One senior MP specialising in the environment has called for more investment in the waste sector and a greater emphasis on industrial strategy.
Mary Creagh, the Labour MP who chairs the Environmental Audit Committee, is concerned that ministers do not embrace the concept of a circular economy (CE) and she had had little opportunity to influence recent shadow environment secretaries.
Creagh’s comments come in a wide-ranging interview for the latest issue of MRW.
She pointed out that the Government’s current consultation on industrial strategy, which includes the waste sector, will produce only a green paper, whereas she believed firmer policies were needed to frame the UK’s environment legislation once we leave the EU.
“[Ministers] always put things off, [which] is a really problematic tactic for the British waste and recycling sector because you have no regulatory certainty, no stimulus to the sector and the Government is ideologically committed to allowing markets to find solutions,” she said.
“The problem is that when you are putting tens or hundreds of millions of pounds into MRFs, you cannot just do it on a wing and a prayer. You need the certainty to know that, for the money flowing in at the beginning, you are going to get the money back.”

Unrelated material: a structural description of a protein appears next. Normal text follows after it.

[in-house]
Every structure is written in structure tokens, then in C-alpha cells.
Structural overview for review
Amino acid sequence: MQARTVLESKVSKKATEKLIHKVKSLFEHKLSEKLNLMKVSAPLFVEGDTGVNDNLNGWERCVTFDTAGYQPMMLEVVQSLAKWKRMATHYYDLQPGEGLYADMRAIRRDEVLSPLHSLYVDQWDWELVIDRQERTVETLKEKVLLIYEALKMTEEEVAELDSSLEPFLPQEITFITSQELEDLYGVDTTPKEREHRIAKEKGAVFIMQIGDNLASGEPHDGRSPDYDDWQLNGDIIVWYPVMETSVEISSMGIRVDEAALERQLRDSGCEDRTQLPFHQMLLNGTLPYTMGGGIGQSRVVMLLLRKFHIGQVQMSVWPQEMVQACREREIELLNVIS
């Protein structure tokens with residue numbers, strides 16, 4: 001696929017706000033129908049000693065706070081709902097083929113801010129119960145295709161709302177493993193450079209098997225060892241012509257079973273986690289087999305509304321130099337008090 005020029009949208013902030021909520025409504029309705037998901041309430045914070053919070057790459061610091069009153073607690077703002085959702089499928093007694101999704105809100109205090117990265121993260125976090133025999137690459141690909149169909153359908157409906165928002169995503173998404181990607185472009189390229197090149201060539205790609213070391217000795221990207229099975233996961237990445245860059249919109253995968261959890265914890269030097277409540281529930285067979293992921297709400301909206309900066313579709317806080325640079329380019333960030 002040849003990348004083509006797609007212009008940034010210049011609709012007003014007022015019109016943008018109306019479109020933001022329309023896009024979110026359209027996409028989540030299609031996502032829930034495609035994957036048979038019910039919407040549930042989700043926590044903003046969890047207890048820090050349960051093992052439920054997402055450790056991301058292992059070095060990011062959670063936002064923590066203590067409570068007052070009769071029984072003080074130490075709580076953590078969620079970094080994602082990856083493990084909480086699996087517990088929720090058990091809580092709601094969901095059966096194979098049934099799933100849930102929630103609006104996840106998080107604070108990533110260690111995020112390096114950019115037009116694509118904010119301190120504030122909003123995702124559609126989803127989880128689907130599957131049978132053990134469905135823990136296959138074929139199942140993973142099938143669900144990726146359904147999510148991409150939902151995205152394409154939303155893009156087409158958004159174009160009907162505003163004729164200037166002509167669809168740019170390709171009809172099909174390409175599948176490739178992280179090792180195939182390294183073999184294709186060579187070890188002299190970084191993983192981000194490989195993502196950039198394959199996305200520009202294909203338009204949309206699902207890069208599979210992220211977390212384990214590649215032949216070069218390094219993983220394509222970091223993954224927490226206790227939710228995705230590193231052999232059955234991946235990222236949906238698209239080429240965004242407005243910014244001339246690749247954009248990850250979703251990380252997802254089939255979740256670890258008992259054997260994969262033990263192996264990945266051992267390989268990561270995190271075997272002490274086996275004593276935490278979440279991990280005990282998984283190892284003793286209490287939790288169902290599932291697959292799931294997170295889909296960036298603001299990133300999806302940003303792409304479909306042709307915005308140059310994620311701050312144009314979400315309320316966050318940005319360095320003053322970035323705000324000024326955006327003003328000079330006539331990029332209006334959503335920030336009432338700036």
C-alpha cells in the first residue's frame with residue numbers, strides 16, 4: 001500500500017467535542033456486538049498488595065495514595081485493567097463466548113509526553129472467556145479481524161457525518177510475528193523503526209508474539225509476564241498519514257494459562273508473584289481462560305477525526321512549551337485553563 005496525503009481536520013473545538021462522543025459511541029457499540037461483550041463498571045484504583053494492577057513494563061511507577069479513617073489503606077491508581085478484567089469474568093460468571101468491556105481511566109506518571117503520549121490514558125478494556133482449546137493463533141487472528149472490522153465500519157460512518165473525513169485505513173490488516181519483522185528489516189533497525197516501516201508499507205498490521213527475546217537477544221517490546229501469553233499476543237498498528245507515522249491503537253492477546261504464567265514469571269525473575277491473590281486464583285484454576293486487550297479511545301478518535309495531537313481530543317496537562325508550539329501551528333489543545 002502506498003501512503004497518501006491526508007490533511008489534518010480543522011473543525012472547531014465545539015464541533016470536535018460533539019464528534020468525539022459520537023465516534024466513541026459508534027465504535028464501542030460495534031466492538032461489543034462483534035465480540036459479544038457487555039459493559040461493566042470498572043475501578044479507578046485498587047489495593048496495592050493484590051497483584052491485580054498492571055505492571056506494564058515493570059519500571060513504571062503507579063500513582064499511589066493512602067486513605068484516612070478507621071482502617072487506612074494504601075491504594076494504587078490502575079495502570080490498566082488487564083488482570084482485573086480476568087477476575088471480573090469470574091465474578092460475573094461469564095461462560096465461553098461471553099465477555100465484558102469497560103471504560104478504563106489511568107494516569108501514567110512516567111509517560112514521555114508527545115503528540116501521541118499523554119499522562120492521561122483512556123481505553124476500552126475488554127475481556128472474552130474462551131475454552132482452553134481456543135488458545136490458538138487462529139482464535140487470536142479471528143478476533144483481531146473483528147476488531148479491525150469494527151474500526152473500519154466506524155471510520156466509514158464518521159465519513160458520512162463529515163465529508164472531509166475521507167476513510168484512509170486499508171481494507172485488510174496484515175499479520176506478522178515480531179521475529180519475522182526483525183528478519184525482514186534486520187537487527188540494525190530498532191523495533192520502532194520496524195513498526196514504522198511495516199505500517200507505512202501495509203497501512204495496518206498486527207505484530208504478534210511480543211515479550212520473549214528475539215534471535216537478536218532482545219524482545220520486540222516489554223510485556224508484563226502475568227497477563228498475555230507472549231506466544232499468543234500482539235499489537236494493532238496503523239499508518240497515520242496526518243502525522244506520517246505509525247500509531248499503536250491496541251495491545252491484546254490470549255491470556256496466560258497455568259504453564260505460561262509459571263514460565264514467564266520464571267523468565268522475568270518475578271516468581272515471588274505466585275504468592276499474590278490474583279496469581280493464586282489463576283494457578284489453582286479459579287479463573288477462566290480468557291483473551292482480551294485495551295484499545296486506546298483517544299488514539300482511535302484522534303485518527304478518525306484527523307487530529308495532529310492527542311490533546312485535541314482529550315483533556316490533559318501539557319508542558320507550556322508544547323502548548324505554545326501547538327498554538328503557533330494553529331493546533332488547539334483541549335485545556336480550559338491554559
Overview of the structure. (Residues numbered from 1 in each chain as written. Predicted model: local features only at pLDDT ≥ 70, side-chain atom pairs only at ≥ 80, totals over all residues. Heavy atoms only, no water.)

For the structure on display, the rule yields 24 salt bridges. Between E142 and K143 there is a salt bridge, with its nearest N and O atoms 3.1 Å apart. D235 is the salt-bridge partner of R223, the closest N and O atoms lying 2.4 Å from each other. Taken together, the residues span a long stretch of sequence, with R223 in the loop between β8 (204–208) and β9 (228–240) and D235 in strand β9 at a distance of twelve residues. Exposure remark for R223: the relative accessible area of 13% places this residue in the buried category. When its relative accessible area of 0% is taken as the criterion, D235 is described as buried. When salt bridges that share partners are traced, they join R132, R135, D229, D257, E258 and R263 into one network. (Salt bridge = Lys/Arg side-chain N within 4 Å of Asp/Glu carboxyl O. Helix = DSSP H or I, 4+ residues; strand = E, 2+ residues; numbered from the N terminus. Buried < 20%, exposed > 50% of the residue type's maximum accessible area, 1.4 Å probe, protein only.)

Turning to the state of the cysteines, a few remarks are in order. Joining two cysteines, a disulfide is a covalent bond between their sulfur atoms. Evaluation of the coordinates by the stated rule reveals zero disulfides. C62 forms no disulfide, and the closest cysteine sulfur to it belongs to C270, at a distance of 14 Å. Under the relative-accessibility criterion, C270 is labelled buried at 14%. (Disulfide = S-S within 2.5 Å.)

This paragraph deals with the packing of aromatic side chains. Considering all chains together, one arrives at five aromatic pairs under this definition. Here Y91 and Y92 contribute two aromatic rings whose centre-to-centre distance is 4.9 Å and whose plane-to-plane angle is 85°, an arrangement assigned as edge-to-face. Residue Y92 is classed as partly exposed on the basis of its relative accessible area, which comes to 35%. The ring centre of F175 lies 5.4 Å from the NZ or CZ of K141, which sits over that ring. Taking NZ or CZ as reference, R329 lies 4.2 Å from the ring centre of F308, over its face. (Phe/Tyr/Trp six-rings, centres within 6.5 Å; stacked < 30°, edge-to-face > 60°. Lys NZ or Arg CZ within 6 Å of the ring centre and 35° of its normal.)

Creagh believes such reasons are why recycling rates fell last year for the first time since records began in the 1990s.
”It is not because people are confused; it is because the investment has stopped and landfill tax credit has run out of road, so we need a new stimulus.”
She is also concerned at ministers’ unwillingness to embrace the CE concept because, in her view, “they see it as a bit of an EU idea”.
“What is clear is that resource efficiency is the name of the game in terms of all future economies. We have an intellectual lead on some of this stuff in the UK [but] Brexit poses risks to that.”
The MP listed uncertainty about university collaboration, innovation and working across companies as issues that could “materially affect our progress towards a resource-efficient economy”.
MRW suggested that little of substance had been offered from Labour’s shadow environment ministers in the past 18 months.
Creagh said she had not advised any of the three shadow environment secretaries, including current incumbent Sue Hayman, on ideas to put meat on the bare bones of her party’s expressed desire for a “recycling revolution”.
“There was a meeting in the diary that didn’t happen for a variety of reasons. But that is not to say I would not share [the EAC’s work] with them,” she said.
- Creagh’s Big Interview with Rob Preston is in the April 2017 issue of MRW